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World's largest space telescope ready; expected to launch in 2018

World's largest space telescope ready; expected to launch in 2018


The world’s largest and most complex space telescope is finally ready after nearly two decades of construction.

Named after former NASA administrator James Webb, it will be far bigger and powerful than the Hubble Space Telescope, it is set to replace.

When it is launched into space in 2018, it will be able to peer in time, teaching us more than ever before about the origins of the universe. It will also be tasked with looking for signs of life on other planets.

Senior NASA Astrophysicist at the Observational Cosmology Laboratory, John C. Mather told a gathering: “We have done two decades of innovation and hard work and this is the result. We are opening up a whole new territory of astronomy. So we will see things that we haven’t been able to see before because this telescope is much more powerful than even the great Hubble telescope.”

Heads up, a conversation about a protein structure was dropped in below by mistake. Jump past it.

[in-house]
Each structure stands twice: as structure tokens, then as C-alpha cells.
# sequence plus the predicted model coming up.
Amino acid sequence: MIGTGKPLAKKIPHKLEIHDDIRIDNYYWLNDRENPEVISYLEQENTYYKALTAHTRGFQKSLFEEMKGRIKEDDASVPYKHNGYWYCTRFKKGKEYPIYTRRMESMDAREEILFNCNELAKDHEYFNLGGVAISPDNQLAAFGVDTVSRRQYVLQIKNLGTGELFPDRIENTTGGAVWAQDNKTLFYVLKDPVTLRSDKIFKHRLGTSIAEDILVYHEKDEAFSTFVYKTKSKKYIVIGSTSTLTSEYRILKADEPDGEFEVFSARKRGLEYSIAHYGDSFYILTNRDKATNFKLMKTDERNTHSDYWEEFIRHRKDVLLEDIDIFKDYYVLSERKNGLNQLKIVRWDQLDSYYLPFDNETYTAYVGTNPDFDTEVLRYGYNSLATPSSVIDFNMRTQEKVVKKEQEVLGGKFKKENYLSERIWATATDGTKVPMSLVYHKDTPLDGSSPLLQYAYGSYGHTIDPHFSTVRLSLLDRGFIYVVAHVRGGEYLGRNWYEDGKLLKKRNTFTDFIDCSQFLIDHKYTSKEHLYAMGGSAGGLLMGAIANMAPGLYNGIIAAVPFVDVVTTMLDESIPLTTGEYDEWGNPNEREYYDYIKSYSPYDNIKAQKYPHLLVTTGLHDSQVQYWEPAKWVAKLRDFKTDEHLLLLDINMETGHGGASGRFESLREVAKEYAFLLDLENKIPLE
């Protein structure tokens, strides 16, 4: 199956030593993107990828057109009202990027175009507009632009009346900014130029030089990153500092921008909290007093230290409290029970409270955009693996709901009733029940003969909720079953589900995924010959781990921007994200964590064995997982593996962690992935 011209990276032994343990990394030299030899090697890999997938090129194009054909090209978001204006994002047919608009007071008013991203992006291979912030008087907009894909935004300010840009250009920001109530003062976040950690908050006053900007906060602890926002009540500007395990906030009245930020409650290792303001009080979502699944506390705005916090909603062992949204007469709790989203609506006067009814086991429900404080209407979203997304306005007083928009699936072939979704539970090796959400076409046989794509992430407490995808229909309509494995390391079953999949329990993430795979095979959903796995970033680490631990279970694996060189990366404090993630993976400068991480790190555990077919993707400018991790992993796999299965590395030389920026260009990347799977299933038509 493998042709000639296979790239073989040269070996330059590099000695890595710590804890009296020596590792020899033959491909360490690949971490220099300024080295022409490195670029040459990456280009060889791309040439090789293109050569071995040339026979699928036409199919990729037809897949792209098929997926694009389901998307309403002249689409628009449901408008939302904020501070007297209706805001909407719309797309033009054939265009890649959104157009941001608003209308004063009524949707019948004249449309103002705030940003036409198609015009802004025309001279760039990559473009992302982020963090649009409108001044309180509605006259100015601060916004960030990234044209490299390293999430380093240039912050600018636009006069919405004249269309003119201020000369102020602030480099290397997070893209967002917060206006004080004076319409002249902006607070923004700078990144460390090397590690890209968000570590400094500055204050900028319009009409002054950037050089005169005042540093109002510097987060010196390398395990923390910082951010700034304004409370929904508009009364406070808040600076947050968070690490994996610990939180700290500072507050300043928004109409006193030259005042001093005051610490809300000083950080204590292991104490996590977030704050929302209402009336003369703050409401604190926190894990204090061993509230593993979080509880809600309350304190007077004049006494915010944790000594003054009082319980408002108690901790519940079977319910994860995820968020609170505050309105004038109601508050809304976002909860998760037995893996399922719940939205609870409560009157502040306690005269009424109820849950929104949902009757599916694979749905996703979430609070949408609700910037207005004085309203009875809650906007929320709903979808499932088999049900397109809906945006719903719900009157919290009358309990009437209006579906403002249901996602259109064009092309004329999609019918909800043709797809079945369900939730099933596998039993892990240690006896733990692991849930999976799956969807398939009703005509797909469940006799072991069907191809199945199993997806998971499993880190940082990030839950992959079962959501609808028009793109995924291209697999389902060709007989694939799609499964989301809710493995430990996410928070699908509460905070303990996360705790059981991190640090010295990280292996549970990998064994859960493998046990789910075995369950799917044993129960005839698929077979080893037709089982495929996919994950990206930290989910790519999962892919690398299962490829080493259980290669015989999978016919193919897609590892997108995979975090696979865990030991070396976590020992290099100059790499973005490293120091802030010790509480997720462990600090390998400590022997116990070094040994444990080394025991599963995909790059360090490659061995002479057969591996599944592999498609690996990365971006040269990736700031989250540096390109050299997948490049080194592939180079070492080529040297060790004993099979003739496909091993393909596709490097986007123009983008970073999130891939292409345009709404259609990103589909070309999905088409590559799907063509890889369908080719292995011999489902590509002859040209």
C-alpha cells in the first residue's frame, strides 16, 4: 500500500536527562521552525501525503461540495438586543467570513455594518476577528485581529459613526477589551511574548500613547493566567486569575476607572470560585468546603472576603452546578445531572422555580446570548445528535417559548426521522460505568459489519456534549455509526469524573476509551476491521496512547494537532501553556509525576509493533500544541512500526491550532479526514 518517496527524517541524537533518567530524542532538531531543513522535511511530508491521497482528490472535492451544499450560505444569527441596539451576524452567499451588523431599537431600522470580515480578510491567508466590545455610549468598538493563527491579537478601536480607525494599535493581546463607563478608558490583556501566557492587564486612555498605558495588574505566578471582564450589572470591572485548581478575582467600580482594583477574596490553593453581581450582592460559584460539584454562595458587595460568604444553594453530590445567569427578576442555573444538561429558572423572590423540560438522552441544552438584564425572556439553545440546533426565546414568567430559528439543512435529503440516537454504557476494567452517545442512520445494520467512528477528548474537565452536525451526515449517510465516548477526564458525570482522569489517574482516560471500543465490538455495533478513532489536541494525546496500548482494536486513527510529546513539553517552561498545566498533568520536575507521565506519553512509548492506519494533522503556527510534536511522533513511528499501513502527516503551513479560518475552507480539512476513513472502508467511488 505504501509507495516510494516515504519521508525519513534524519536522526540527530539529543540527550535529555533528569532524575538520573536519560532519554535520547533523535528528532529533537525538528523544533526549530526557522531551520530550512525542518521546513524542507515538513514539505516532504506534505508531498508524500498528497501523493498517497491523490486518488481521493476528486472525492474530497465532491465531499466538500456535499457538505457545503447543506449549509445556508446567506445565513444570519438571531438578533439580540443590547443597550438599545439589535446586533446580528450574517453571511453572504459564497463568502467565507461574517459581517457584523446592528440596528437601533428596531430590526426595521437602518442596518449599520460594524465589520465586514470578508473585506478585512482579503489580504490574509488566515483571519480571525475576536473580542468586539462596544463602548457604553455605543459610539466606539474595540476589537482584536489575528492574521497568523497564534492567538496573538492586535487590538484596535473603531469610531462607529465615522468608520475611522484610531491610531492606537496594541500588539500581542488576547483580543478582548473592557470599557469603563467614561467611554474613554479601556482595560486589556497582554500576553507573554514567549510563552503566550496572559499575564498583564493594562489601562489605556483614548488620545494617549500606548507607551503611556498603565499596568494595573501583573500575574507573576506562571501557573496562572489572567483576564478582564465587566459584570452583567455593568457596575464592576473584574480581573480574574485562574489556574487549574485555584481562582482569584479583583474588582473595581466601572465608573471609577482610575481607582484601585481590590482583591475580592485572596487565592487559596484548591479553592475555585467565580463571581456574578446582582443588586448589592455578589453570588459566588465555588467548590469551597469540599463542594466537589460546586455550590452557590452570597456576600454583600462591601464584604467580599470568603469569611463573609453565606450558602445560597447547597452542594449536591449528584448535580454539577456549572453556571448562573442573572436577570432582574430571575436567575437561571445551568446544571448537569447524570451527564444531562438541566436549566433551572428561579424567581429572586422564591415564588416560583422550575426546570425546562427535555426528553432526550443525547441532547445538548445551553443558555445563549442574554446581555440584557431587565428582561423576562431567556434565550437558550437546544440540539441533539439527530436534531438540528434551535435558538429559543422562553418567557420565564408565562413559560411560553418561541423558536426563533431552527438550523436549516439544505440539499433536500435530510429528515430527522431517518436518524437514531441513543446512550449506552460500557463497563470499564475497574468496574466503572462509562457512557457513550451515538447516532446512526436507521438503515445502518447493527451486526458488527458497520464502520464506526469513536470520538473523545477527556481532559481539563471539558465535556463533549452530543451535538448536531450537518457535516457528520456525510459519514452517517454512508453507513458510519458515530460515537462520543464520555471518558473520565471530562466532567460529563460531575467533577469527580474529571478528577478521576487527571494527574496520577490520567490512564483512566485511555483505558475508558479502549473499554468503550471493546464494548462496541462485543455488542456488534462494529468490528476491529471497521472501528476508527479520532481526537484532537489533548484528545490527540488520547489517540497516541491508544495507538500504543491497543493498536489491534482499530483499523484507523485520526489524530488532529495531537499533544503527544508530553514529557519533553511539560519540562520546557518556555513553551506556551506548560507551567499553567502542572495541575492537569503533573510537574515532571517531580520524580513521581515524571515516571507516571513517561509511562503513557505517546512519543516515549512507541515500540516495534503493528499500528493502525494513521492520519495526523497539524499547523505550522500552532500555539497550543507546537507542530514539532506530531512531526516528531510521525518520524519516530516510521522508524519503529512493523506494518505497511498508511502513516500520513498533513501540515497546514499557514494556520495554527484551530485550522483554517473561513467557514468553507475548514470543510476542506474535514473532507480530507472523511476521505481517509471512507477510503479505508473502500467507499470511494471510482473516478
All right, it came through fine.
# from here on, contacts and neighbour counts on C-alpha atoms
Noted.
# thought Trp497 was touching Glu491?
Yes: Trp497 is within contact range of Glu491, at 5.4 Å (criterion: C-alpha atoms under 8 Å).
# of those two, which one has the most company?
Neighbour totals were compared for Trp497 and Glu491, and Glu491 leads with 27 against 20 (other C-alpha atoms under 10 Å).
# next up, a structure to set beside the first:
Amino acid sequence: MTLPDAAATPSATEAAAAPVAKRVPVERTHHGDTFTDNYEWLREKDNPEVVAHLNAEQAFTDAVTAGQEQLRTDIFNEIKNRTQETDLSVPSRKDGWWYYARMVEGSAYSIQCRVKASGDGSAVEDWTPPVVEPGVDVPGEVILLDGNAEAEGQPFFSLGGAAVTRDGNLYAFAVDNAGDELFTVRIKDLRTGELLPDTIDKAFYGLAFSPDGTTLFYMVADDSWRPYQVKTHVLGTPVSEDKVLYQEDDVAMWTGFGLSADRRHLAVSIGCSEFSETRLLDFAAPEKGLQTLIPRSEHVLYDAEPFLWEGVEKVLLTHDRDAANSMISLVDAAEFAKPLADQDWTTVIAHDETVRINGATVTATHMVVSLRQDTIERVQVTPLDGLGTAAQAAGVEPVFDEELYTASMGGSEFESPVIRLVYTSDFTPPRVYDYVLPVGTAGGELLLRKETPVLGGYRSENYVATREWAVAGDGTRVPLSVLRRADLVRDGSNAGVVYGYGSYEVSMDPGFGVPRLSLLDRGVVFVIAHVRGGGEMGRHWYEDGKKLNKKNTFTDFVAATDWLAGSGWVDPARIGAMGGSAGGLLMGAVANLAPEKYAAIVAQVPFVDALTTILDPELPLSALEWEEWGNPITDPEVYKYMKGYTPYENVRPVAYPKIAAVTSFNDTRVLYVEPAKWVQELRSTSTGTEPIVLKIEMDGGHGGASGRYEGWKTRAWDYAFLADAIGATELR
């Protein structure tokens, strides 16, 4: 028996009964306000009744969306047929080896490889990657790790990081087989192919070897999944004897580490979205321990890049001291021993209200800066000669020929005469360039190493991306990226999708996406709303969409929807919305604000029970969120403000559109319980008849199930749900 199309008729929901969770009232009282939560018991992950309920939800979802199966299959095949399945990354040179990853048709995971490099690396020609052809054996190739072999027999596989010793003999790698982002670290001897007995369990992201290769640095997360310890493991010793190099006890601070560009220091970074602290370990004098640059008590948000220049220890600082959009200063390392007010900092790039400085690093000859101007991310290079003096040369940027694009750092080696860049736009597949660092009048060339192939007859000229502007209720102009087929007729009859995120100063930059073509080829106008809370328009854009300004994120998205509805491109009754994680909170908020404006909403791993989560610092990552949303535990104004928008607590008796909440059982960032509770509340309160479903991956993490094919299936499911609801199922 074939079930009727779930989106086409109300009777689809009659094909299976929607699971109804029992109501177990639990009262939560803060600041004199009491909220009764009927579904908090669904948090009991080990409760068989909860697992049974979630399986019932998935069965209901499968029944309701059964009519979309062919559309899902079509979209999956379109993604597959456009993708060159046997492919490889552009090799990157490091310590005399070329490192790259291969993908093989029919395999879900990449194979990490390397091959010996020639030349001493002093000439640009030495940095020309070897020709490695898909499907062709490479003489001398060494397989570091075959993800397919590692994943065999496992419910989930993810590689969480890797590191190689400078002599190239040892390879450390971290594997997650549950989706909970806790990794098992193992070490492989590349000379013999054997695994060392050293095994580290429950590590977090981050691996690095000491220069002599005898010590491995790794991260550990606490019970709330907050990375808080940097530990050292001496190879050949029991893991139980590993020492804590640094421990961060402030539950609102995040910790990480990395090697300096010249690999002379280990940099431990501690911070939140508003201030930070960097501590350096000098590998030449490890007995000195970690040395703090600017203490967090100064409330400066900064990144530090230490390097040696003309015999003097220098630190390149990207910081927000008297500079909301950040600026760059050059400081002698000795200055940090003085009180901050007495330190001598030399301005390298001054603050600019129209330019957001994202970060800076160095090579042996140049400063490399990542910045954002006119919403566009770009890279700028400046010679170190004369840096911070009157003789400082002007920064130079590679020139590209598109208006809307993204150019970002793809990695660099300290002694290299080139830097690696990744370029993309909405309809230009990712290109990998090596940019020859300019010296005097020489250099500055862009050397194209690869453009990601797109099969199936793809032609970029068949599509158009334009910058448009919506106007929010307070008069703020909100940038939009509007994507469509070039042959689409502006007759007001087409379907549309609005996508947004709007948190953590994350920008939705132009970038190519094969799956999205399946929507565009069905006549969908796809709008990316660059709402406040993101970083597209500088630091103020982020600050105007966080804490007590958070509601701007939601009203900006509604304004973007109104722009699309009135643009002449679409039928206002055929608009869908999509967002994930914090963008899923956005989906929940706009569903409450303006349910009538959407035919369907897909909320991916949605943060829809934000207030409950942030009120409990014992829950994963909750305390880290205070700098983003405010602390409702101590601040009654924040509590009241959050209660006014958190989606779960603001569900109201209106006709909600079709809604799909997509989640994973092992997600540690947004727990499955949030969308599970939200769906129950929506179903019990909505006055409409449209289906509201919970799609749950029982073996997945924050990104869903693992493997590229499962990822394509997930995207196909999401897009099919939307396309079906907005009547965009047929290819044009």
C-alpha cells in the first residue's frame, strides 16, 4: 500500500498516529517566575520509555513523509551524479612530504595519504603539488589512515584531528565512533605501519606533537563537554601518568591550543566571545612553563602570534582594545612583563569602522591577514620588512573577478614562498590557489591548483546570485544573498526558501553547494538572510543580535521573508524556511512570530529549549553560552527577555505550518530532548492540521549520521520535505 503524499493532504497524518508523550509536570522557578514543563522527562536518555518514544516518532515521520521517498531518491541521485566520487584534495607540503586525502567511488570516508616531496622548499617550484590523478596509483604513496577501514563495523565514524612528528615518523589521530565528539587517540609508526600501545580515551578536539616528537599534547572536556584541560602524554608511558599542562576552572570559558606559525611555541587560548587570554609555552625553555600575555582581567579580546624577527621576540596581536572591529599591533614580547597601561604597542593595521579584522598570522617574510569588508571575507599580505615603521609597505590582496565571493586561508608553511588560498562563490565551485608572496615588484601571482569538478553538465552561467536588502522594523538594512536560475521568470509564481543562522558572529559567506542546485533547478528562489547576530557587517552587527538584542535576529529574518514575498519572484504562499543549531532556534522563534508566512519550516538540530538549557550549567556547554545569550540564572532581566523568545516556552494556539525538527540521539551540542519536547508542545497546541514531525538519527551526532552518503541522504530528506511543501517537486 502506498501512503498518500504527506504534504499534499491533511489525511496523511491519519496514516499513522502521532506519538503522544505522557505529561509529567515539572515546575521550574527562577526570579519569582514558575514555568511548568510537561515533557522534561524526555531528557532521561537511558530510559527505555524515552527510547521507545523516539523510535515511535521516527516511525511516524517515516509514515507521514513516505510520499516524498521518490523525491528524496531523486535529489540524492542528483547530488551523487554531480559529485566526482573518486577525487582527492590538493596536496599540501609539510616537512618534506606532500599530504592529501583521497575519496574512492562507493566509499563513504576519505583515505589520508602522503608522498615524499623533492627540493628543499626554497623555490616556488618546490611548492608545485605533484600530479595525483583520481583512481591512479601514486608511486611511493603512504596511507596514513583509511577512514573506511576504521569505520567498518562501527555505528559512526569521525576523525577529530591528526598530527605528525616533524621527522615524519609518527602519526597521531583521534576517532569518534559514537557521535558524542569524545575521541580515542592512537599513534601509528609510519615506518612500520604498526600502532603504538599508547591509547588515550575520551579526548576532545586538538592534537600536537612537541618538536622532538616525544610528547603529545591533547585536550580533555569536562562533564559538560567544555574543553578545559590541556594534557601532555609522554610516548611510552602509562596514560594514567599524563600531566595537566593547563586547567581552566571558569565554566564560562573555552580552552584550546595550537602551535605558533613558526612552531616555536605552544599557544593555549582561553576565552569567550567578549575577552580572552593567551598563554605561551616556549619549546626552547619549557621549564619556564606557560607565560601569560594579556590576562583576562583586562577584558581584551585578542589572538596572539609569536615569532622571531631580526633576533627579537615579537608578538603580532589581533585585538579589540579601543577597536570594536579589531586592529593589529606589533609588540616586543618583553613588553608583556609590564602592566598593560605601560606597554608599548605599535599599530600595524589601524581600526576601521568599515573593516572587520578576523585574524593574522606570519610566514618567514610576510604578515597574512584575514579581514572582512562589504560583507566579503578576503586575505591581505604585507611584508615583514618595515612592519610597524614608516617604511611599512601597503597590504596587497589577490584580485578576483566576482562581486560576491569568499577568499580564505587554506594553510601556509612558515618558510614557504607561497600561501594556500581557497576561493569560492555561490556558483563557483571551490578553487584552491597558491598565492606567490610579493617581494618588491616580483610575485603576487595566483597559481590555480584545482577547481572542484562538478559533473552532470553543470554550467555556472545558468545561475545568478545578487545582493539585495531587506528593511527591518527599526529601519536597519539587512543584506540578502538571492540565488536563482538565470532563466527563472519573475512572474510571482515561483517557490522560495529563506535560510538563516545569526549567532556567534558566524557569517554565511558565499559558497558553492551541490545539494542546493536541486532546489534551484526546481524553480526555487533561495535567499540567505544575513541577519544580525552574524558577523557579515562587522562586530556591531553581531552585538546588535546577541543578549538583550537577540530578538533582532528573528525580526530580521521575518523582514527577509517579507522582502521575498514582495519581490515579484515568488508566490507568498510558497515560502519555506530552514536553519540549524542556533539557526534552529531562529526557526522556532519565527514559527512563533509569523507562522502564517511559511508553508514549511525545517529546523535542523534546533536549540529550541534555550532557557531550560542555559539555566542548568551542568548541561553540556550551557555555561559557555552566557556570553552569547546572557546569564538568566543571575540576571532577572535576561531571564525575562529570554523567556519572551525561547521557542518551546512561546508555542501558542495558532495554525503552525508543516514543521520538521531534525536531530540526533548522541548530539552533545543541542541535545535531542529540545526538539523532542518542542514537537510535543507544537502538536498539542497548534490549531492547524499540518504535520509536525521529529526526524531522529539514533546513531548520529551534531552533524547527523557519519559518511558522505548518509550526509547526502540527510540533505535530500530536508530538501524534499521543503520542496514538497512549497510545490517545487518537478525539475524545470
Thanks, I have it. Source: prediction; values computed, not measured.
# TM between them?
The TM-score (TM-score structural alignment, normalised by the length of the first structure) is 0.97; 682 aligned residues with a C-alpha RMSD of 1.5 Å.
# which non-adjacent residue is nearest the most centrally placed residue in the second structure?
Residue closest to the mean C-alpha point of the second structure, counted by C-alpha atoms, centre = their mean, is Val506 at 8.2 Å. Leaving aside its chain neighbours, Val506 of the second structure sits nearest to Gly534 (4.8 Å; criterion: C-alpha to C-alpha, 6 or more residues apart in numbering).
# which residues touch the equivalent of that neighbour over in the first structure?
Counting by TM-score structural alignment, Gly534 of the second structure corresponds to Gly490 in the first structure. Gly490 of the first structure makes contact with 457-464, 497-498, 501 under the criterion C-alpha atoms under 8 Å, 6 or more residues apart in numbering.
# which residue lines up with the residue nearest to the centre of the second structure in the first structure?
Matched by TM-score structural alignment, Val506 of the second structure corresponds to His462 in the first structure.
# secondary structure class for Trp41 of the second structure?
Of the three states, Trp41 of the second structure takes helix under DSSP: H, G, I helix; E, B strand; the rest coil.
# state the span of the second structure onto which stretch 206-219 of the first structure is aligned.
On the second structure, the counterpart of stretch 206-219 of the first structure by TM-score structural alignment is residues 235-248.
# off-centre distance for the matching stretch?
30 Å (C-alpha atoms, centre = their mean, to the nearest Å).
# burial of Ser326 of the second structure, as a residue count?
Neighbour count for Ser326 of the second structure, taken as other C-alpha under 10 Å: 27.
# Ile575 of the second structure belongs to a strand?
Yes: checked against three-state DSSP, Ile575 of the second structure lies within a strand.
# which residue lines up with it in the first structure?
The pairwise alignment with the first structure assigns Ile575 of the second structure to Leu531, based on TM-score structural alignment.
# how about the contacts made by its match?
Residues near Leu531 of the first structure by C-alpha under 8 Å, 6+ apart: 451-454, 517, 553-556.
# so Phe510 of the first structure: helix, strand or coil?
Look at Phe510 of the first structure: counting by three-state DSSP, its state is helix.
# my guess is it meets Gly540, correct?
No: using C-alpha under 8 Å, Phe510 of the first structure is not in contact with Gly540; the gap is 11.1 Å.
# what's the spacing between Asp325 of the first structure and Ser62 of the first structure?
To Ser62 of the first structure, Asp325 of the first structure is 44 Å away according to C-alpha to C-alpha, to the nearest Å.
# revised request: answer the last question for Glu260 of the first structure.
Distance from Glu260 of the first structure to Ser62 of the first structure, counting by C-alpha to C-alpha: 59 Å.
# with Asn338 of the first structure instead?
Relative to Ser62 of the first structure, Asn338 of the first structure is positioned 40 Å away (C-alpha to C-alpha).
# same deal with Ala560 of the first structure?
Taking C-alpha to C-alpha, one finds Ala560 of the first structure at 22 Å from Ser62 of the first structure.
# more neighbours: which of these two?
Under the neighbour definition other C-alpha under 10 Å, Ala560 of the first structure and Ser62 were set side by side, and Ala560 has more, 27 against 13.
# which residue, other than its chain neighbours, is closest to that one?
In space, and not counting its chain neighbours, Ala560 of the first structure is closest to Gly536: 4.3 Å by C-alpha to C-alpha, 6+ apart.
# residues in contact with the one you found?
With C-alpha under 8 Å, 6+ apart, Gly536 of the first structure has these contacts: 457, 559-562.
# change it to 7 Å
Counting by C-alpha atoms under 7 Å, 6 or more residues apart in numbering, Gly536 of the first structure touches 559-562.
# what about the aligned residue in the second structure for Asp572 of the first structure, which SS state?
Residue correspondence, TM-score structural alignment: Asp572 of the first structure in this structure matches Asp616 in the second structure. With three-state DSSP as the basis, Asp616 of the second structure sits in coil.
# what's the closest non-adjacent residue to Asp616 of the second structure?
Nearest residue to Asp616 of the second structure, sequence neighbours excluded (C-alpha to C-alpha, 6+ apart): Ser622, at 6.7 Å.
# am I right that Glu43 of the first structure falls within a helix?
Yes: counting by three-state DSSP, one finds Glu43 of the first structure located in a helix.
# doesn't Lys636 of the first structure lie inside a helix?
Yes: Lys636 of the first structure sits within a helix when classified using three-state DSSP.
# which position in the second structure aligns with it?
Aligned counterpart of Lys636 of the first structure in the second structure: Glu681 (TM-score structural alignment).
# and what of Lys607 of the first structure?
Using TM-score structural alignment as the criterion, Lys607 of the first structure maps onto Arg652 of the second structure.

The Telescope is equipped with a mirror five times larger than Hubble’s.

Powered by the Sun, the space telescope will be able to spot faint light from the very first objects that illuminated the universe and study every phase in the history of our universe following the Big Bang more than 13 billion years ago).

“We would like to know how did we get here from the Big Bang. I am hoping that we will find something that nobody knows is out there,” Mather said.

“So some little thing that happened in the early universe, that came before the galaxies, some way the black holes were formed, we don’t know where they came from. So that is a wide open topic for scientists and close to home, everything we know about planets out there has been a complete surprise. So I am expecting some more complete surprises about planets,” he added.

The Telescope’s greater power will also mean that it can see planets in greater detail, allowing scientists look for atmospheres, seasons and even weather or signs of life.

A cooperative venture between Nasa and its European and Canadian counterparts, the James Webb Space Telescope still has to go through a series of rigorous tests simulating the violent sound and vibrations it is expected to experience on its way out into space.

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